Thursday, February 23, 2017

Tobago Village Business

There’s a quiet revolution taking place in Tobago tourism. It is not on the busy south-west of the island where big hotels straddle the beaches. But if you follow the winding Northside Road to the village home of a Prime Minister and President of the twin-island republic, you’ll discover the transformation of a fishing village into the quintessential Tobago adventure destination. Castara clings to the forested western slopes of the Main Ridge reserve and looks into the turquoise waters of the Caribbean Sea. Here indeed is Paradise. Pat Ganase considers Castara.

WaveSong at Heavenly Bay, Coast Hanger, Shady Mango, Sea Steps, Dolphin, Hummingbird, Breadfruit Grove, Sunset, Birdsong or Fiddle Tree! The names of cottages call to you and sing invitations to this vacation village on the west coast of Tobago facing the Caribbean Sea. Homegrown developments in Castara over the last 25 years have blossomed into resort cottages scattered like stars and nestled on the forested slopes below the island’s Main Ridge reserve. The result is an idyllic resort village intertwined among the residences of Castara.

Spectacular sunsets over Castara Bay seen from Birdsong.(All photos courtesy Castara Retreats)
This trend away from the exclusive all-inclusive tourism plants of the past is building community-visitor relationships from the ground up. Castara is answering the question, what do adventurers wish for in strange lands? And it is setting the pace in the movement away from mass visitor groups, facilitated by the expansion of modern communication and on-line marketing. The village might feel like an place lost to time, but it is advanced in all key aspects: construction, services and access, fostering entrepreneurship, investment and employment. The result: clients that are individuals, couples or families who have opted for longer stays; a week is not too much; many of them returning year after year.

What has turned this sleepy village on the way to Englishman’s Bay or Parlatuvier or Bloody Bay or L’anse Fourmi into a destination? Perhaps, this has been 300 years in the making.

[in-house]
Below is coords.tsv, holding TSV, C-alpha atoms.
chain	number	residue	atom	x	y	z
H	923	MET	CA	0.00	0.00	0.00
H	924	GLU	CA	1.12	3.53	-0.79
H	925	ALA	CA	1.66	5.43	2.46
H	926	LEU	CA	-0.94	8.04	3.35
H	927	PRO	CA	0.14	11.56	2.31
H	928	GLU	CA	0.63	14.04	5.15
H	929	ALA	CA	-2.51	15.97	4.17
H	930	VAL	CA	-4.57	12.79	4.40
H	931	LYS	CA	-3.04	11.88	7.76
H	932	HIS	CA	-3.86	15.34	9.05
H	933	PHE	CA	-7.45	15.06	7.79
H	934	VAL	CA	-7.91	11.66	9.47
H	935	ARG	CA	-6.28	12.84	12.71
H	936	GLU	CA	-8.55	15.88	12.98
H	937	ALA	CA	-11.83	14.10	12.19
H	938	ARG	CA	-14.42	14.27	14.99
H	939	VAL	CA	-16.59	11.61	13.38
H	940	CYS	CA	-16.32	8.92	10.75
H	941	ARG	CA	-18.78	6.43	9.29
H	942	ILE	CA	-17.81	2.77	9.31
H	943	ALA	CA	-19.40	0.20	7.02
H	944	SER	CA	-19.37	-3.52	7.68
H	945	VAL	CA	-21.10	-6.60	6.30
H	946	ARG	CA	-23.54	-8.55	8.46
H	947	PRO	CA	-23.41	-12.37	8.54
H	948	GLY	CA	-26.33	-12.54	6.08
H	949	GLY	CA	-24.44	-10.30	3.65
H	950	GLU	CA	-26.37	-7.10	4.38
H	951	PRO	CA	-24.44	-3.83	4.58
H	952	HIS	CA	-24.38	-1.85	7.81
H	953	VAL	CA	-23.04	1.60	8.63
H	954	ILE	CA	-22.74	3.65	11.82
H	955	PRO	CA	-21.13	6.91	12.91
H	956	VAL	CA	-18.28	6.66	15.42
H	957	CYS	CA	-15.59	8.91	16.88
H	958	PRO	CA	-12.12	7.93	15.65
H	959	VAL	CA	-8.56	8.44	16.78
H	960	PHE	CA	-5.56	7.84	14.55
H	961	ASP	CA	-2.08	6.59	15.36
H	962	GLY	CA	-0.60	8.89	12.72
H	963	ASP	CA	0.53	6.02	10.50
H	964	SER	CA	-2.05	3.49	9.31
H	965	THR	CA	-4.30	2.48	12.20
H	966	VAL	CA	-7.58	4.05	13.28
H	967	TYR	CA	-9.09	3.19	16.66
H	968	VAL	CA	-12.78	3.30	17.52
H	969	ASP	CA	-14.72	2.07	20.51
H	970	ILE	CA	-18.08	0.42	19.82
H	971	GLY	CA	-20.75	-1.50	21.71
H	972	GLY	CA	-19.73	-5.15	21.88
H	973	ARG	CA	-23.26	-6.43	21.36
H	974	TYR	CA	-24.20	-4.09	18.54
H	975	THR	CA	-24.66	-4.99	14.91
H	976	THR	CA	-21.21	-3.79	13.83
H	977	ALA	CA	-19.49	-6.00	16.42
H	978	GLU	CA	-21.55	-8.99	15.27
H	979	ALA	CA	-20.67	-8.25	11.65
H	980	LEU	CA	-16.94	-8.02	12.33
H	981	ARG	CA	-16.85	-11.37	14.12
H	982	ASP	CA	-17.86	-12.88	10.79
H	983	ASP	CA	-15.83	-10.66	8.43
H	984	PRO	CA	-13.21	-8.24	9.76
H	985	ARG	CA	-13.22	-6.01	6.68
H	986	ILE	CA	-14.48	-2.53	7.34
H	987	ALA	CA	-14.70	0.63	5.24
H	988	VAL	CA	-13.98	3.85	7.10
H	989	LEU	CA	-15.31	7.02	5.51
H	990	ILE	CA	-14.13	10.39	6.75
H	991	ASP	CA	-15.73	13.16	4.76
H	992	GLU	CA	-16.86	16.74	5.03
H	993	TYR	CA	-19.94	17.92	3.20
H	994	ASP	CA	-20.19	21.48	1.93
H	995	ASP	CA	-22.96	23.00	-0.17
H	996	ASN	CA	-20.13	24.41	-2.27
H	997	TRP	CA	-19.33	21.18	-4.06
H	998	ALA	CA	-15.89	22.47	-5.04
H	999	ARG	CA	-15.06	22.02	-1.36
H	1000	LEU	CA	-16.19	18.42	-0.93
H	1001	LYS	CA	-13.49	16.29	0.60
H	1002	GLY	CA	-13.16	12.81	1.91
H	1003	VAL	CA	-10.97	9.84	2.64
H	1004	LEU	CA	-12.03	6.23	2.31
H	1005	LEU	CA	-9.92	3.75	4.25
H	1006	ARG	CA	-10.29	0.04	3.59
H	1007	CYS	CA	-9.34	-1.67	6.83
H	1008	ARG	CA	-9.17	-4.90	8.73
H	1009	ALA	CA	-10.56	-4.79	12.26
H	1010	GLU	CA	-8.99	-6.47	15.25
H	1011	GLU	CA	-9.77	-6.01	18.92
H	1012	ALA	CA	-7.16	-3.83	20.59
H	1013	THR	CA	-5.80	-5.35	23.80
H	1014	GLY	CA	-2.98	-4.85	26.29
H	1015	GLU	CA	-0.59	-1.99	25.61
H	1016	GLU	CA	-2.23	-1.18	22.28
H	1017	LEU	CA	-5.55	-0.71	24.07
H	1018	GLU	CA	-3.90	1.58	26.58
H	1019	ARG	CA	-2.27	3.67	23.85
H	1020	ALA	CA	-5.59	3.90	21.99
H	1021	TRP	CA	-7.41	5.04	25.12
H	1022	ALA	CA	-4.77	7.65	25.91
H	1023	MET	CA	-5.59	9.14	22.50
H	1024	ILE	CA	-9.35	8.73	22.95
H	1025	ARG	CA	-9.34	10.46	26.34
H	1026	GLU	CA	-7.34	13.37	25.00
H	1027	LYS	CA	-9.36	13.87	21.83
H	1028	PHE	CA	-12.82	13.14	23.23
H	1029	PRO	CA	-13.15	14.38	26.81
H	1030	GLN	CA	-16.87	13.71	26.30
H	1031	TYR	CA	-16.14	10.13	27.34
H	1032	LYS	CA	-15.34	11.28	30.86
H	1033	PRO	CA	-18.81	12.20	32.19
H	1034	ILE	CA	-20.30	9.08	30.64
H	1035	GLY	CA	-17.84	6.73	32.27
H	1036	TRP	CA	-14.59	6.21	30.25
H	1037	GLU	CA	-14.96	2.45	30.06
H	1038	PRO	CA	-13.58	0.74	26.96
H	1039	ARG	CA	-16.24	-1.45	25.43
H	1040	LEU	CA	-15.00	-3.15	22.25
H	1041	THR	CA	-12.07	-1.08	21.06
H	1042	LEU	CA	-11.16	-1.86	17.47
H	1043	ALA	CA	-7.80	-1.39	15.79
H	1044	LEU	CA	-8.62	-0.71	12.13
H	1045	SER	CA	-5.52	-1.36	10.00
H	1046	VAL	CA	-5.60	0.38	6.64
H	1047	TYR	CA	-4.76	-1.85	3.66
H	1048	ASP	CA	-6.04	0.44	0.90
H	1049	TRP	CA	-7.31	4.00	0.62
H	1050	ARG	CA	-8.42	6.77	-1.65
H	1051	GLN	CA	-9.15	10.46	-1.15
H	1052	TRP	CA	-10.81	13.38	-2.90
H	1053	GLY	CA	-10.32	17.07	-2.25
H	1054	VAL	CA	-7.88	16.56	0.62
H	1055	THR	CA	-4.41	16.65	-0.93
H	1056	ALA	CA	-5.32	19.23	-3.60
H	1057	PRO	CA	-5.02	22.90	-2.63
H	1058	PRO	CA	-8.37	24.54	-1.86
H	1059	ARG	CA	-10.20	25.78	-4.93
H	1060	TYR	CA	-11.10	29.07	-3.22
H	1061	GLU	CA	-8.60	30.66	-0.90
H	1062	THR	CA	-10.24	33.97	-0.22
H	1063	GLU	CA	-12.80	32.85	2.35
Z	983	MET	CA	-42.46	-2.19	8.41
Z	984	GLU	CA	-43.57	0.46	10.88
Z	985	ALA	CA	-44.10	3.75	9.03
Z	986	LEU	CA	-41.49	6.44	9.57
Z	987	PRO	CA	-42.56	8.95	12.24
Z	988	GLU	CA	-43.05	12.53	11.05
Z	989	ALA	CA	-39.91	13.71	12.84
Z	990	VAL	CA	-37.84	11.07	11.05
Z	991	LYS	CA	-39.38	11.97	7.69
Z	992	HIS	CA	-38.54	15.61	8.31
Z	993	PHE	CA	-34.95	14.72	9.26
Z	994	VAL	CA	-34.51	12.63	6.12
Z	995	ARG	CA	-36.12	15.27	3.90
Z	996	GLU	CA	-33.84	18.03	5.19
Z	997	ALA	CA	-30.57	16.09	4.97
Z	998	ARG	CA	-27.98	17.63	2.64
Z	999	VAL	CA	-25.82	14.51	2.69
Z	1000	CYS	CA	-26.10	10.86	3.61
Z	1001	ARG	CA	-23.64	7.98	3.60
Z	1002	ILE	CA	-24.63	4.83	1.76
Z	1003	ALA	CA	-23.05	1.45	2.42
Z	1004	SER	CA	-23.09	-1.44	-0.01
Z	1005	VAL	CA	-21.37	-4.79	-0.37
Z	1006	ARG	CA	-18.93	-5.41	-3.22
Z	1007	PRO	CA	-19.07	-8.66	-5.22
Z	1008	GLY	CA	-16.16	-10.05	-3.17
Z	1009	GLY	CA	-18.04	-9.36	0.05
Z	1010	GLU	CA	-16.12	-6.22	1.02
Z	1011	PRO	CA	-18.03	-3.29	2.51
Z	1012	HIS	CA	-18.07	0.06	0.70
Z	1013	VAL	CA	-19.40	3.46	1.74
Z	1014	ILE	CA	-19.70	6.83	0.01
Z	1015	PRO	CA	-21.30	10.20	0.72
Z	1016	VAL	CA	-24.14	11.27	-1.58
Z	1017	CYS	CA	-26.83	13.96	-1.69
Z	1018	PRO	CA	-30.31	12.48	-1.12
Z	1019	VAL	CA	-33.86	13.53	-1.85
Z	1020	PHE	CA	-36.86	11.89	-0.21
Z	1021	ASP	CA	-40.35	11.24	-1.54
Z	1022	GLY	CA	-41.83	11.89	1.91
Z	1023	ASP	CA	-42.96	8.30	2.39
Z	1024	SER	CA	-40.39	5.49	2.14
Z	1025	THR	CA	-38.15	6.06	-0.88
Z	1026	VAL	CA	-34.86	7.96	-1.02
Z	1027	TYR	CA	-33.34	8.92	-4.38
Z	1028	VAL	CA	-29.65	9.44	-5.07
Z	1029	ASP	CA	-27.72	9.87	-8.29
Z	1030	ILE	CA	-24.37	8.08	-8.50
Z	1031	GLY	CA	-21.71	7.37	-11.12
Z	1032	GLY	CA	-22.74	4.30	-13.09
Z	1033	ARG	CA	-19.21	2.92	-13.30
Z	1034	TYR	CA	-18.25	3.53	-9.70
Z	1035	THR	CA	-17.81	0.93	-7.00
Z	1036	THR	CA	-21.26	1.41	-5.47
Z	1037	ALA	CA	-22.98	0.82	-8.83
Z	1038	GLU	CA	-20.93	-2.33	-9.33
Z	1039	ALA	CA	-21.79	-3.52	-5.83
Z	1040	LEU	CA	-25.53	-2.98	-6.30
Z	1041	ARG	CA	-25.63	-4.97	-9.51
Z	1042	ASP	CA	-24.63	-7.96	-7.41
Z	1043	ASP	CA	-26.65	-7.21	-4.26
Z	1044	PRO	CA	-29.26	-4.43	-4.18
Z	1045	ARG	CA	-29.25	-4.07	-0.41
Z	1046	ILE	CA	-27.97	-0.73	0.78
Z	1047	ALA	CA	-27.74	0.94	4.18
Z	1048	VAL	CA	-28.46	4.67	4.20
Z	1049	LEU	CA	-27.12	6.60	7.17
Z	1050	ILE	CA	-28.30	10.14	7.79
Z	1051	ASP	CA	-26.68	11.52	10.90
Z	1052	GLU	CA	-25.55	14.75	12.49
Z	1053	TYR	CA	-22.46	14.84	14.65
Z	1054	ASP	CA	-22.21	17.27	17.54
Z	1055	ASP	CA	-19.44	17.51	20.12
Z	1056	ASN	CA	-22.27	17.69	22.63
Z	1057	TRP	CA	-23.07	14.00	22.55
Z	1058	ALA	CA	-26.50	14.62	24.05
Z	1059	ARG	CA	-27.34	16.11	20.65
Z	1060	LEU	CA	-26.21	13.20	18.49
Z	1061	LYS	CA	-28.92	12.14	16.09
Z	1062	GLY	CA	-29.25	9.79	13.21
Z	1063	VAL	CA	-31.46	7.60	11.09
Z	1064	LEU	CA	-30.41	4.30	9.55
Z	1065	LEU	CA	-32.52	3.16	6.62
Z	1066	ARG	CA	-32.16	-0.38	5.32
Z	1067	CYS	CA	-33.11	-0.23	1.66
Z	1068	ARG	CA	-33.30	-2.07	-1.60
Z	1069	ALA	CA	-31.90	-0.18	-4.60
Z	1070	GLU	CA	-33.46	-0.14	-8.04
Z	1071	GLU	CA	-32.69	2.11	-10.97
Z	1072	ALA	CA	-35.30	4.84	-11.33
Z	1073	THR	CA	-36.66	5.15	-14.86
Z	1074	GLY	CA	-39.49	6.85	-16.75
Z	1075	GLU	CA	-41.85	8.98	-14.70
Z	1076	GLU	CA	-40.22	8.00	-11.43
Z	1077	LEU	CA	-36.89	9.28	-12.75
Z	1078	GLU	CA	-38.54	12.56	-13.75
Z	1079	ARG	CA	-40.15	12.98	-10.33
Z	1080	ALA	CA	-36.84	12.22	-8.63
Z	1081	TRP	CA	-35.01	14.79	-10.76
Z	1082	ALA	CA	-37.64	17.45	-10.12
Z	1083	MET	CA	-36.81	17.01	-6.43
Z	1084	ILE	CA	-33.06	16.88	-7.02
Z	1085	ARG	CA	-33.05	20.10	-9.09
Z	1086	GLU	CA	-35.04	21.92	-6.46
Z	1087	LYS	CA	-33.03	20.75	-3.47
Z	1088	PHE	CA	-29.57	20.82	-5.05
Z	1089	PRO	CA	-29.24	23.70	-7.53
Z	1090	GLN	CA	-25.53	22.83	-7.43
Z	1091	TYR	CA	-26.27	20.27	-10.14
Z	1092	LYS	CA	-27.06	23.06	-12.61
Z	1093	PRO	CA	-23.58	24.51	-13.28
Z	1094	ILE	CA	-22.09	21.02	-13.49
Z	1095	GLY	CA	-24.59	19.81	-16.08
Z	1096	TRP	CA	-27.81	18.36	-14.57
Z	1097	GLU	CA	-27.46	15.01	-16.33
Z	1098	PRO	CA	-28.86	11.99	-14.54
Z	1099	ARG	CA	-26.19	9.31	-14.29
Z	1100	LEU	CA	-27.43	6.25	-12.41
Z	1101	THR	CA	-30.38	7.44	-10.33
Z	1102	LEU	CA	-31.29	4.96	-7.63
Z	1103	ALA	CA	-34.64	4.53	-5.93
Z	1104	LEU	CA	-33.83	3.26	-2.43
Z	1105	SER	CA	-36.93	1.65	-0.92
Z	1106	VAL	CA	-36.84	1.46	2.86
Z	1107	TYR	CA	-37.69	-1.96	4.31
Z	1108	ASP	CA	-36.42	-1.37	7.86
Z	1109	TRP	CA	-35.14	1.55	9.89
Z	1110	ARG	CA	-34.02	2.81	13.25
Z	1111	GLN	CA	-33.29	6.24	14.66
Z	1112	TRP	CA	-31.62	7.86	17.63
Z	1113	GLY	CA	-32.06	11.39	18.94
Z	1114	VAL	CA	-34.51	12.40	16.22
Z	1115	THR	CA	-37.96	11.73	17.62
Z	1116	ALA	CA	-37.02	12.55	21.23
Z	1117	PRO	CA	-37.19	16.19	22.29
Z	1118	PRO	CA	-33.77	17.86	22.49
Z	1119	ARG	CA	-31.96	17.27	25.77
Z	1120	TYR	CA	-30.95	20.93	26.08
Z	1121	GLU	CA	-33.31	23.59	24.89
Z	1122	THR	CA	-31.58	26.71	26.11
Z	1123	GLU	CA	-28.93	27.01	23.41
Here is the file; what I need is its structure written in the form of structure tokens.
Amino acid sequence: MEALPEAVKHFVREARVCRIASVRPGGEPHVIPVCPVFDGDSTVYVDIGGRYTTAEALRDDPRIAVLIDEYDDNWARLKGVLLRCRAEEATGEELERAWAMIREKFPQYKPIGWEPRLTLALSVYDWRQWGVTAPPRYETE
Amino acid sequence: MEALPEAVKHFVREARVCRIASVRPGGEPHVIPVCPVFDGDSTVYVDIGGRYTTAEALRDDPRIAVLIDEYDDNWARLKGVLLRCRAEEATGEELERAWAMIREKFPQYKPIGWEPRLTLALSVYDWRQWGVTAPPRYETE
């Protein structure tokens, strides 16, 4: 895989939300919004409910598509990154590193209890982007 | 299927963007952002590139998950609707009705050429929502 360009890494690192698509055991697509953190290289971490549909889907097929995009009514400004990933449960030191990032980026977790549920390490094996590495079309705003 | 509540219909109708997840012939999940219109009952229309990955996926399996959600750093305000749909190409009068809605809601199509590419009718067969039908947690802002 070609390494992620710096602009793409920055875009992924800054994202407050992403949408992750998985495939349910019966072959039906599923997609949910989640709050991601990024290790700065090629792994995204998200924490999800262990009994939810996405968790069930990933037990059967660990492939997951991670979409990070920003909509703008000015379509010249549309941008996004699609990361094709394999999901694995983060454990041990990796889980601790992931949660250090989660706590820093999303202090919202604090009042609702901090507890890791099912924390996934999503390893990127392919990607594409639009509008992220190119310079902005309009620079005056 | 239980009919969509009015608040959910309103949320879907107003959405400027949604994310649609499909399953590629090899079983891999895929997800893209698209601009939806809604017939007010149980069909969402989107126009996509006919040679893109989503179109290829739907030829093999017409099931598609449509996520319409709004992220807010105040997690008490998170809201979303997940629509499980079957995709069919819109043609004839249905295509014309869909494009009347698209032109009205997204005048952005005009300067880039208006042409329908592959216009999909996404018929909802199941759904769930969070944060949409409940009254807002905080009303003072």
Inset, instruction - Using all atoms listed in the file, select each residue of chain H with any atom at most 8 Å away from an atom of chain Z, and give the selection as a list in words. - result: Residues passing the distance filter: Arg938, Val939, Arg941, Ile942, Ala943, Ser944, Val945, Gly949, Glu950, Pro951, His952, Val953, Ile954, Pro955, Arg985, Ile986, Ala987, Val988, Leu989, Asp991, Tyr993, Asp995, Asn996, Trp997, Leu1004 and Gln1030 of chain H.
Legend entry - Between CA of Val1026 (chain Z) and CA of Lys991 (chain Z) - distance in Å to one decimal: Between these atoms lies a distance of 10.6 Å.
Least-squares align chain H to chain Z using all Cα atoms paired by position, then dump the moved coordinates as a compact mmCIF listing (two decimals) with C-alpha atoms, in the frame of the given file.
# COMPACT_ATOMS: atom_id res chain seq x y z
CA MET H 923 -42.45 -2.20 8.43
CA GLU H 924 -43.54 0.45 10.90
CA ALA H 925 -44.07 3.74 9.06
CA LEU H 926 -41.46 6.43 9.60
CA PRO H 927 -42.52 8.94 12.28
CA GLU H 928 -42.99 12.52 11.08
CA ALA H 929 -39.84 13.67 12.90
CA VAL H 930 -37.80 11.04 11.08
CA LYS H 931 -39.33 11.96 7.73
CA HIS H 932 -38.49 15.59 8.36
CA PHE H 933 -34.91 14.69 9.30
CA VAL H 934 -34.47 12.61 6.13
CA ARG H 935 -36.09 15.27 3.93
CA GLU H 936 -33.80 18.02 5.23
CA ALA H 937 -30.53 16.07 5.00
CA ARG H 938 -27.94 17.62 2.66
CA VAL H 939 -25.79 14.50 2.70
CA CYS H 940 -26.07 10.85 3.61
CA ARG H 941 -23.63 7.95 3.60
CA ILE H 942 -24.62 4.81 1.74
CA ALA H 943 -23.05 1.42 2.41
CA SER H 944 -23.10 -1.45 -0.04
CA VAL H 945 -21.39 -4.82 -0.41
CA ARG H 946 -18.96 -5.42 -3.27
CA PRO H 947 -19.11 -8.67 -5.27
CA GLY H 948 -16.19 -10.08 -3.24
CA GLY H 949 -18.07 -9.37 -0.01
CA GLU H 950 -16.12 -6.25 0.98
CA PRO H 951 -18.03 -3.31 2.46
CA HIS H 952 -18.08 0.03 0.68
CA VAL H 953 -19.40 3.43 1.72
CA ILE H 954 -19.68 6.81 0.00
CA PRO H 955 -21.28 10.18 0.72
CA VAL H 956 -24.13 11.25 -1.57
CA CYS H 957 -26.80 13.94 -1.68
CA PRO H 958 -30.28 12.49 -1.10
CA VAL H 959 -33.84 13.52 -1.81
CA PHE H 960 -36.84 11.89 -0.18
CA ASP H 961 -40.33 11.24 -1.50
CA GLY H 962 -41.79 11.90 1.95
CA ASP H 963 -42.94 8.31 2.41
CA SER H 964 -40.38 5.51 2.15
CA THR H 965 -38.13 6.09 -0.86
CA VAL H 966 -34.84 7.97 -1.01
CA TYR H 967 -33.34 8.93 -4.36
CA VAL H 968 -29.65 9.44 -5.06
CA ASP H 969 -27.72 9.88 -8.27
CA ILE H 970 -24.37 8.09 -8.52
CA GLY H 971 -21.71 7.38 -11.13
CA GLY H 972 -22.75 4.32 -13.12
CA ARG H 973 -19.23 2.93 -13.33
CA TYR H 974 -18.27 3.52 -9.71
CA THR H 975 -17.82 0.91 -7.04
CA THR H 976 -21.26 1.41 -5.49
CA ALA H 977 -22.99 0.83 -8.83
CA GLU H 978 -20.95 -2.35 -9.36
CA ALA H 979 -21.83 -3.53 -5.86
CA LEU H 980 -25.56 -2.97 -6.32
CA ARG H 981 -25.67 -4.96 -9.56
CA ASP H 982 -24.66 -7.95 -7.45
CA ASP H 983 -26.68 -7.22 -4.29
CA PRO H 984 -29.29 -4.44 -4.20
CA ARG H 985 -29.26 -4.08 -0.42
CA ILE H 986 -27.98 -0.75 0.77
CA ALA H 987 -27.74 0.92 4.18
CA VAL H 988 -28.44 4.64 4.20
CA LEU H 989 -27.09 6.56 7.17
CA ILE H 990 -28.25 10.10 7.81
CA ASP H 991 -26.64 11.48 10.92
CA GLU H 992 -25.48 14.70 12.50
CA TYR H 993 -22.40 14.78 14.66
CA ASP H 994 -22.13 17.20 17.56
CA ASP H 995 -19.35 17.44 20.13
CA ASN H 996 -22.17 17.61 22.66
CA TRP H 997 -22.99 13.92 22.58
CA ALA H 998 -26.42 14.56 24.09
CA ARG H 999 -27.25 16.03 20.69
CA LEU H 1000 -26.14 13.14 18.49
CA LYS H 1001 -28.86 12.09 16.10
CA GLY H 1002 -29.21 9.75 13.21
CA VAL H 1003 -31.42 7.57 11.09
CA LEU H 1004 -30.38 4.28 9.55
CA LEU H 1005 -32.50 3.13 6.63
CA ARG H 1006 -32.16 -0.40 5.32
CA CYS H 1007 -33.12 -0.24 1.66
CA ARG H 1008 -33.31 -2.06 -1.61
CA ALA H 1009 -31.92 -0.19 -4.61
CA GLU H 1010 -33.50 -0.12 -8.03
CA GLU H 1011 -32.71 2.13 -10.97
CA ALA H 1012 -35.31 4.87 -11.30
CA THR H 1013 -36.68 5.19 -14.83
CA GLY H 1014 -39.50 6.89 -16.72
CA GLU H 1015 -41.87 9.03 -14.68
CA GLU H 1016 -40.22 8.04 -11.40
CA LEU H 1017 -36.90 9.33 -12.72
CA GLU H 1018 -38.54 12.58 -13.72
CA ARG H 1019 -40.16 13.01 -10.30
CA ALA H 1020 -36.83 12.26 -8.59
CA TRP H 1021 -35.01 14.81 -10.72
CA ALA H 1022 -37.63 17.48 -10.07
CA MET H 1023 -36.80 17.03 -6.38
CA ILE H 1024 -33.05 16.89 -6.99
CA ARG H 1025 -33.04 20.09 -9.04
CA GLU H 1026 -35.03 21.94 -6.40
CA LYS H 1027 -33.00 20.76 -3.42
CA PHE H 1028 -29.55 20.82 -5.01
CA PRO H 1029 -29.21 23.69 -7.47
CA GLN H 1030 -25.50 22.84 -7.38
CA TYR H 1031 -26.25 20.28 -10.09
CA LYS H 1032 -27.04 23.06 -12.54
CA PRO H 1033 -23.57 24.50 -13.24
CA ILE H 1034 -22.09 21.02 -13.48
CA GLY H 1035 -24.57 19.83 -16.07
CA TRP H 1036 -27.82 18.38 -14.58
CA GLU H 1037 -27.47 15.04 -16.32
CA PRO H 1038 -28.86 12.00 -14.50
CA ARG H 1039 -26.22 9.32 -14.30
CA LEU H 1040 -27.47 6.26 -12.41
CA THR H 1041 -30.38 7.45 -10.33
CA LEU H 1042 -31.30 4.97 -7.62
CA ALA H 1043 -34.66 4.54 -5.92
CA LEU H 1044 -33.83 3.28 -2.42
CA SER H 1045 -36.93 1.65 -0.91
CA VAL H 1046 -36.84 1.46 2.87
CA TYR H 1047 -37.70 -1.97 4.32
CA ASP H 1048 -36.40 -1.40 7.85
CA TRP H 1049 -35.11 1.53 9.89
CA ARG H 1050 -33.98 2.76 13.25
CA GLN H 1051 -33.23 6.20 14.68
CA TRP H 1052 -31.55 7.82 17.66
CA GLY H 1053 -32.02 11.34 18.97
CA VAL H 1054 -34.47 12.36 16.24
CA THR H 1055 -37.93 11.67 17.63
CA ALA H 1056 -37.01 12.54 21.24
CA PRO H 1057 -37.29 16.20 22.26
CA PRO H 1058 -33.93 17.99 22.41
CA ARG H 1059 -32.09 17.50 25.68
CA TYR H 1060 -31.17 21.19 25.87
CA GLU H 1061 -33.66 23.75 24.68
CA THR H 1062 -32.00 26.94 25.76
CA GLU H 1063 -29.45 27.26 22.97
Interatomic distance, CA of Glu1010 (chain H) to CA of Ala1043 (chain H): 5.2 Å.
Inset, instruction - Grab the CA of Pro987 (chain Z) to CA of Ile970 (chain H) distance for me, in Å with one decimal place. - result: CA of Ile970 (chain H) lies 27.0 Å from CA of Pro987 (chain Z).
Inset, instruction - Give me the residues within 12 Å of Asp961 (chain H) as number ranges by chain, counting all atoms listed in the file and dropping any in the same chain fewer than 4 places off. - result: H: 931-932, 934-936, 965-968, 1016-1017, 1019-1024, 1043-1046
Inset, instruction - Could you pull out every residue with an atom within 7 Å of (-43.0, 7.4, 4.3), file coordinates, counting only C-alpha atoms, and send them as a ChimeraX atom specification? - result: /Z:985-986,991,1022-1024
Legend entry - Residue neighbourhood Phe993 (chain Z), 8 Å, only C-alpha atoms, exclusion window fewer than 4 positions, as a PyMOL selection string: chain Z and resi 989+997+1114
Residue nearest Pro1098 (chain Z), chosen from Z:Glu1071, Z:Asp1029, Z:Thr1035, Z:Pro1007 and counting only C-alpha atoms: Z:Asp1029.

In the period after 1770, the Castara estate was managed by Laird Ferguson who became Lt. Governor of Tobago. The bay was called Charles Bay by the English, whose ships fetched sugar here at the end of Dock Road. Sugar was grown on the estate until emancipation in 1839. After the emancipation of the slaves, cocoa was planted. Edwin Williams of Castara recounted (Trinidad Express, 2010) that an earthquake followed by a hurricane destroyed many homes in the village near Englishman’s Bay causing the migration of families to the area where the Castara river empties into Castara Big Bay, a centre of fishing and farming. Castara Small Bay, fondly known as Heavenly Bay, supports reefs suitable for snorkelliing.

Seine fishing in Castara Bay

Today, Tobago’s Northside Road climbs over the western edge of the main ridge from Scarborough to Moriah and winds above the coastline to Castara. The Mt Dillon to Castara stretch was completed in the 1960s; before which it was common to go by coastal steamer from Plymouth or Scarborough. Sheltered and separate, engaged in fishing or farming, isolation made the families of Castara independent, resourceful and self-sufficient, qualities that keep them close and connected as a community, confidently welcoming and generous to visitors.